Independent Work Seminars

Juniors and Seniors in the Department of Computer Science have the opportunity to take an Independent Work Seminar in Tech Policy. In this seminar students get to work on crafting concrete policy responses to challenges posed by emerging computer and network technologies.

Please click here for more information about the fall 2021 COS IW 05: Technology Policy.


Independent Work

  • Justin Curl, Please Pay Attention: Reverse-Engineering YouTube’s Ad Algorithm to Analyze the Presentation of Unwanted Information
  • Melody Zheng, Analyzing the Digital Divide: A Quantitative and Qualitative Study of Six United States Cities
  • Michael Man, BotSpot, A Deep Learning Approach to Reddit Bot Identification
  • Ryan Yao, Safeguarding Consumer Privacy: Analysis of Data Obfuscation Mechanisms to Prevent Ubiquitous Network Tracking
  • Scott Aravena, A Jury of One’s Peers: Ensuring the Fair Cross-Section Guarantee in Criminal Trials
  • Zaynab Masood, The Effects of Digital Accessibility on Healthcare Sites
  • Greg Weaving, Regulating Algorithmic Unfairness in Medical Machine Learning
  • Yael Stochel, Corroding Communities:Quantifying the Loss of Local News and the Rise of Disinformation
  • Pang Nganthavee, Using Clustering to Analyze the Correlation between Product Naming and Buyers’ Decision-Making
  • Henry Vecchione, Pan-app-ticon: What to Do About Ring’s Partnerships with Police Departments
  • Daniel Wey, Verifying Harms in Machine Learning Hiring Tools: Recommendations for NYC Council’s Int. 1894
  • Sara Dardik, COVID-19 Vaccine Distribution Plans

Senior Thesis

  • Jordan, Heinzel-Nelson, Using Computer Vision and Machine Learning to Analyze Satellite Imagery to Understand Food Insecurity in Sub-Saharan Africa, 2021
  • Vedika Patwari,  Evaluating the Impact of Data Localization on Technological Innovation in India, 2021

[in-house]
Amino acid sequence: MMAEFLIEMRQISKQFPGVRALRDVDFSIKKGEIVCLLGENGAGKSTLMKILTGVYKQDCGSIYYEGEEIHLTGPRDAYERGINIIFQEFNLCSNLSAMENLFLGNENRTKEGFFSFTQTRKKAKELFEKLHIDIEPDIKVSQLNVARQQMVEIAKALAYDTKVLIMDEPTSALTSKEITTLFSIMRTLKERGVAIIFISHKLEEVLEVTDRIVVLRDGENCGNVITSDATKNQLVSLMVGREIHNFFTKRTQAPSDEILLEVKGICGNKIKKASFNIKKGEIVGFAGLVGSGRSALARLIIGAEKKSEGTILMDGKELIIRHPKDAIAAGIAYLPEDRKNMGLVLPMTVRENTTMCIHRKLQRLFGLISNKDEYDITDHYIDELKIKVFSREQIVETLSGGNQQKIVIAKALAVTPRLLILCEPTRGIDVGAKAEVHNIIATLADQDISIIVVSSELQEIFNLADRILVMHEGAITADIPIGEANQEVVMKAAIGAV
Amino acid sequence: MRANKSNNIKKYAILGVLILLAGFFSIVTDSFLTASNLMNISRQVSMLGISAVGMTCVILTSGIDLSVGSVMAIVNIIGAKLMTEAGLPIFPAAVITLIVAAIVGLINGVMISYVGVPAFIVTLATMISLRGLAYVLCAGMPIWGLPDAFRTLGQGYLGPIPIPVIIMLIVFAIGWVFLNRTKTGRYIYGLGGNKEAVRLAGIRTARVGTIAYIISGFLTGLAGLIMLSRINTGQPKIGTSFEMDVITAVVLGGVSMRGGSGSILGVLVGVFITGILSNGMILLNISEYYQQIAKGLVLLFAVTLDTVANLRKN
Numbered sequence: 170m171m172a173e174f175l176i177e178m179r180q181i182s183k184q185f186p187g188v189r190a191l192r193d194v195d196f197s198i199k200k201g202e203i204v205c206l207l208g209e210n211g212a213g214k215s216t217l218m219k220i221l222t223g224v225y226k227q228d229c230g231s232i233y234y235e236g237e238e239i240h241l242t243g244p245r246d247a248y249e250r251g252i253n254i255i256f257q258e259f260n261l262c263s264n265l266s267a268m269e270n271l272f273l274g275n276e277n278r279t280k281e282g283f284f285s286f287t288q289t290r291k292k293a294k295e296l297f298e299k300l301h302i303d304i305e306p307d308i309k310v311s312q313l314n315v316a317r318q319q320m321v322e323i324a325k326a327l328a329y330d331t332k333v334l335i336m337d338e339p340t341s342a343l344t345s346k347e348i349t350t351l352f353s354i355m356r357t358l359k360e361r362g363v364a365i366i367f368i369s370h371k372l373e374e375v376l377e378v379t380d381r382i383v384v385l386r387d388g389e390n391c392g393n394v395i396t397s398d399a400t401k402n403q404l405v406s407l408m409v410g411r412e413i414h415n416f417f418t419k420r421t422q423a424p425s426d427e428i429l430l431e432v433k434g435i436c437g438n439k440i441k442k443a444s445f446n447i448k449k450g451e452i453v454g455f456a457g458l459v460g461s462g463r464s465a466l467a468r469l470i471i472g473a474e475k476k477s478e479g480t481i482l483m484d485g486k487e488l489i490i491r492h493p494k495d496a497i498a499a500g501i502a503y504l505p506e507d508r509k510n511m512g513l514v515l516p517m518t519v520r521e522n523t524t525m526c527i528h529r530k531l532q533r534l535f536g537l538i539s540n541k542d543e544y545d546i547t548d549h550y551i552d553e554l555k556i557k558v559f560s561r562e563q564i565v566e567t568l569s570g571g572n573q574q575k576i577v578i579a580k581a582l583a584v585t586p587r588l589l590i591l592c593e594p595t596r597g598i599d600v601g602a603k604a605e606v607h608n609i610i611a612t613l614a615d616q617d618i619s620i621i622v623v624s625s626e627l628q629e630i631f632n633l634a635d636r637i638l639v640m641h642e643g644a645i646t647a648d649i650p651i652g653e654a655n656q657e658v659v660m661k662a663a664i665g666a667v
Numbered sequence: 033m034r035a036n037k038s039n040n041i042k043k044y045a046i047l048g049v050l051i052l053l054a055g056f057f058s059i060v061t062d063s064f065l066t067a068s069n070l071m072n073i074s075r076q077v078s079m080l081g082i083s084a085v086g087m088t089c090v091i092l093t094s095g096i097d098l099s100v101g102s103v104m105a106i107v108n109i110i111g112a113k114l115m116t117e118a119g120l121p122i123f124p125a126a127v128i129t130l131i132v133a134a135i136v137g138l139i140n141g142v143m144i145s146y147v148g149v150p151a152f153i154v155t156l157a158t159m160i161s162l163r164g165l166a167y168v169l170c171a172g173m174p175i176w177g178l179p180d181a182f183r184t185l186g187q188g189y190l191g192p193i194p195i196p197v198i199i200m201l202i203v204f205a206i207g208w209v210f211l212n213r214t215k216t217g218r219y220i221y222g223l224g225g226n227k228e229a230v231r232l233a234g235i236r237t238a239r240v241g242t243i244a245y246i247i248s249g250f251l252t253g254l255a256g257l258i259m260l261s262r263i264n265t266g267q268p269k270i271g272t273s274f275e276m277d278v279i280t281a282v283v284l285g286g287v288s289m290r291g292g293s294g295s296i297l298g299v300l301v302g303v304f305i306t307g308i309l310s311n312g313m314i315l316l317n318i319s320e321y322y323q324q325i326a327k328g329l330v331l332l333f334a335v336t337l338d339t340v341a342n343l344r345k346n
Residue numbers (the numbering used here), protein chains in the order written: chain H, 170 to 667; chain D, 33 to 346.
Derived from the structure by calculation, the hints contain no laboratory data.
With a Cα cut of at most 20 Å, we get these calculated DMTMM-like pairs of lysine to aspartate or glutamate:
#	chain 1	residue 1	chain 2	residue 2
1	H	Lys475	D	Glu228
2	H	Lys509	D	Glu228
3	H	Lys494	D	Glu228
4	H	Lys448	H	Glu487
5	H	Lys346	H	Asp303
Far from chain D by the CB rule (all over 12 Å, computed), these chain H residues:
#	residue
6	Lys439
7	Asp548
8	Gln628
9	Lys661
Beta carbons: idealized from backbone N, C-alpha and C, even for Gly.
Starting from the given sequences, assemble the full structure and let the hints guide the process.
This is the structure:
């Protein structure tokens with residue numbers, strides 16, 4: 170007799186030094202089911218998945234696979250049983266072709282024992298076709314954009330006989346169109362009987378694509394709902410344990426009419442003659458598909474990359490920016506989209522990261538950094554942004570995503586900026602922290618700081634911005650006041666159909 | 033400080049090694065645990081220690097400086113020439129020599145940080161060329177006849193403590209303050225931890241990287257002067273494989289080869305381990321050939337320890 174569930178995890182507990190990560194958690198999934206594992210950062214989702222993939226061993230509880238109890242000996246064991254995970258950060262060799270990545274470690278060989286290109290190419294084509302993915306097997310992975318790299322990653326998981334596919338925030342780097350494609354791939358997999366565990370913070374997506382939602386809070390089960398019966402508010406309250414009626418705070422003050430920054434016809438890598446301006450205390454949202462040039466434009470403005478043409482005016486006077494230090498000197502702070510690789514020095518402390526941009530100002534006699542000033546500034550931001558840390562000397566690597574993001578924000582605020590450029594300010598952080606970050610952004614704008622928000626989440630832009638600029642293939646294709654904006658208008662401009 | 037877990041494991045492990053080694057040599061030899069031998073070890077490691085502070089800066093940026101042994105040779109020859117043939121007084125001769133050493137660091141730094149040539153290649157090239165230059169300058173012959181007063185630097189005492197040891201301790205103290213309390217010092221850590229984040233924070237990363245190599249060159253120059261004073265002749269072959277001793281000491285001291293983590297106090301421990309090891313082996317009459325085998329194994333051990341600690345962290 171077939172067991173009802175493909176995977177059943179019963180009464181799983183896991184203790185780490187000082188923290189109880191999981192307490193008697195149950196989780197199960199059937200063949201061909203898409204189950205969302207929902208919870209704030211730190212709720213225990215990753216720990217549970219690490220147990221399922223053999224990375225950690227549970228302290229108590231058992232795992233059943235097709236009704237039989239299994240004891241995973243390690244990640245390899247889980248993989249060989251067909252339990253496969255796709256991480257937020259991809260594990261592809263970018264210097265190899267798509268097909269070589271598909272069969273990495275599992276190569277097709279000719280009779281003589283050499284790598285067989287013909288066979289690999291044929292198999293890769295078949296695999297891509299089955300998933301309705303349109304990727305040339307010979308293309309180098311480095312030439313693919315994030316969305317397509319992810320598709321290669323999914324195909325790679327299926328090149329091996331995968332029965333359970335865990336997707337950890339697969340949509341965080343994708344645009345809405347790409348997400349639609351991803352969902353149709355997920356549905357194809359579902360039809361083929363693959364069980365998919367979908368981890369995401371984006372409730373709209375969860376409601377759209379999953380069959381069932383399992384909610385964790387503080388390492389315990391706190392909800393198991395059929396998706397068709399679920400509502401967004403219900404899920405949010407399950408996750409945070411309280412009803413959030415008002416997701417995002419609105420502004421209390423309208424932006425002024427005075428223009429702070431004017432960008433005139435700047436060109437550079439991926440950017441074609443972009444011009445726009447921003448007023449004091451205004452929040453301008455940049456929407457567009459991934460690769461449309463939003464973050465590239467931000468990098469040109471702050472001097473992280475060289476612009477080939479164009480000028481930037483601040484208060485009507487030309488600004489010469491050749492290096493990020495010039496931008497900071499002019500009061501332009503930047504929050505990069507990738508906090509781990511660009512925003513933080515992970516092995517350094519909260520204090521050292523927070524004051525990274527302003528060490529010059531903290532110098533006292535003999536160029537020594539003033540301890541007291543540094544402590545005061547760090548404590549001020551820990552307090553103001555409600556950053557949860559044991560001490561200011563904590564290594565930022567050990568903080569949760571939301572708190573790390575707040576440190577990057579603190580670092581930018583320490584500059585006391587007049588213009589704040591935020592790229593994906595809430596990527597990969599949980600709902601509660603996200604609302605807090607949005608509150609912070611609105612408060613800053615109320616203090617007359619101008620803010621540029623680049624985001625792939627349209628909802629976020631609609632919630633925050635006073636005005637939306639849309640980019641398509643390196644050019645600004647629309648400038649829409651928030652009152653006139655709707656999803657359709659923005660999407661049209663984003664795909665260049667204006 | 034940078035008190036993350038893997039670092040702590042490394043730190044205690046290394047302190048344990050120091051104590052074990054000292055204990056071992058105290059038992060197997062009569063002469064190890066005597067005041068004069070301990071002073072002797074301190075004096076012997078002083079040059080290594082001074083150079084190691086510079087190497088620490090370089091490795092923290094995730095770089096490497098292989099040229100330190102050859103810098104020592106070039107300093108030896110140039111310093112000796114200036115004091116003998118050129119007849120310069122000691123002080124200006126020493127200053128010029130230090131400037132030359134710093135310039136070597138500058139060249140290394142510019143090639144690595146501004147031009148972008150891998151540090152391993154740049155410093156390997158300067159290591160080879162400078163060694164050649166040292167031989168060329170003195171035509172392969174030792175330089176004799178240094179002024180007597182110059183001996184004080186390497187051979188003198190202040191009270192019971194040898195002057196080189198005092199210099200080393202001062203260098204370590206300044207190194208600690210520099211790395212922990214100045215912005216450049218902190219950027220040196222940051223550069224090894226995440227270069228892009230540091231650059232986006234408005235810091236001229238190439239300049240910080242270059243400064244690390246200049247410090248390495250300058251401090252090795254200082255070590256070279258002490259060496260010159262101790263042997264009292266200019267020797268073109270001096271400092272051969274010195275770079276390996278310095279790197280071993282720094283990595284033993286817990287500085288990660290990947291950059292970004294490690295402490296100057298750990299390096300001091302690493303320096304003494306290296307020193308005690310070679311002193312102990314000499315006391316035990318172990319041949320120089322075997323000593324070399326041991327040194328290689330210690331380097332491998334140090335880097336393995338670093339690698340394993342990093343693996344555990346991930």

Independent Work

  • Bevin Benson, Google’s Health, Consumer Health, or Both? Evaluating the Antitrust Implications of Google’s Acquisition of Fitbit
  • Emre Cakir, The Threat of Racial Biases in Facial Recognition Technology Use by Law Enforcement
  • Justin Chang, The Role of International Consensus in Cyberattack Attribution
  • Zyanne Clay-Hubbard, A Review of the Rise in Innovative Technologies in the U.S. Foster Care System
  • Michael Hallee, Protecting the Retail Investor: Evaluating the SEC’s Proposed Rule on “Market Data Infrastructure”
  • Edward Garnter, Protecting Against Cyberattacks on the Electric Grid
  • Andrew Griffin, Analysis of Potential Regulatory Frameworks for Artificial Intelligence in the Healthcare Industry
  • Jordan Heinzel-Nelson, Regulating Facial Recognition Technology to Mitigate Racial Bias
  • Joseph Kim, An Evaluation of Facial Recognition Usage in Public Transportation
  • Rachel Lee, Data Collection and Fairness in Insurance Apps
  • Austin Mejia, Lucky Break: Regulating Loot Boxes in the Games Industry
  • Jamison Mercurio, Facial Recognition in Public Safety Applications
  • Jamison Mercurio, Comments to the FDA on Patient Decision Support Software
  • Morlan Osgood, Measuring the Impact of Social Media Features on Mental Health
  • Jacob Schachner, Libra, a Solution to a Policy Nightmare?
  • Sten Sjoberg, Nailing Down Pseudonymization
  • Tyler Skow, Lessons Learned from New York and Vermont and the Role of Future Task Forces in Regulation Automated Decision Systems
  • Noah Weiss, Encryption Policy with the Advent of Quantum Cryptography

Senior Theses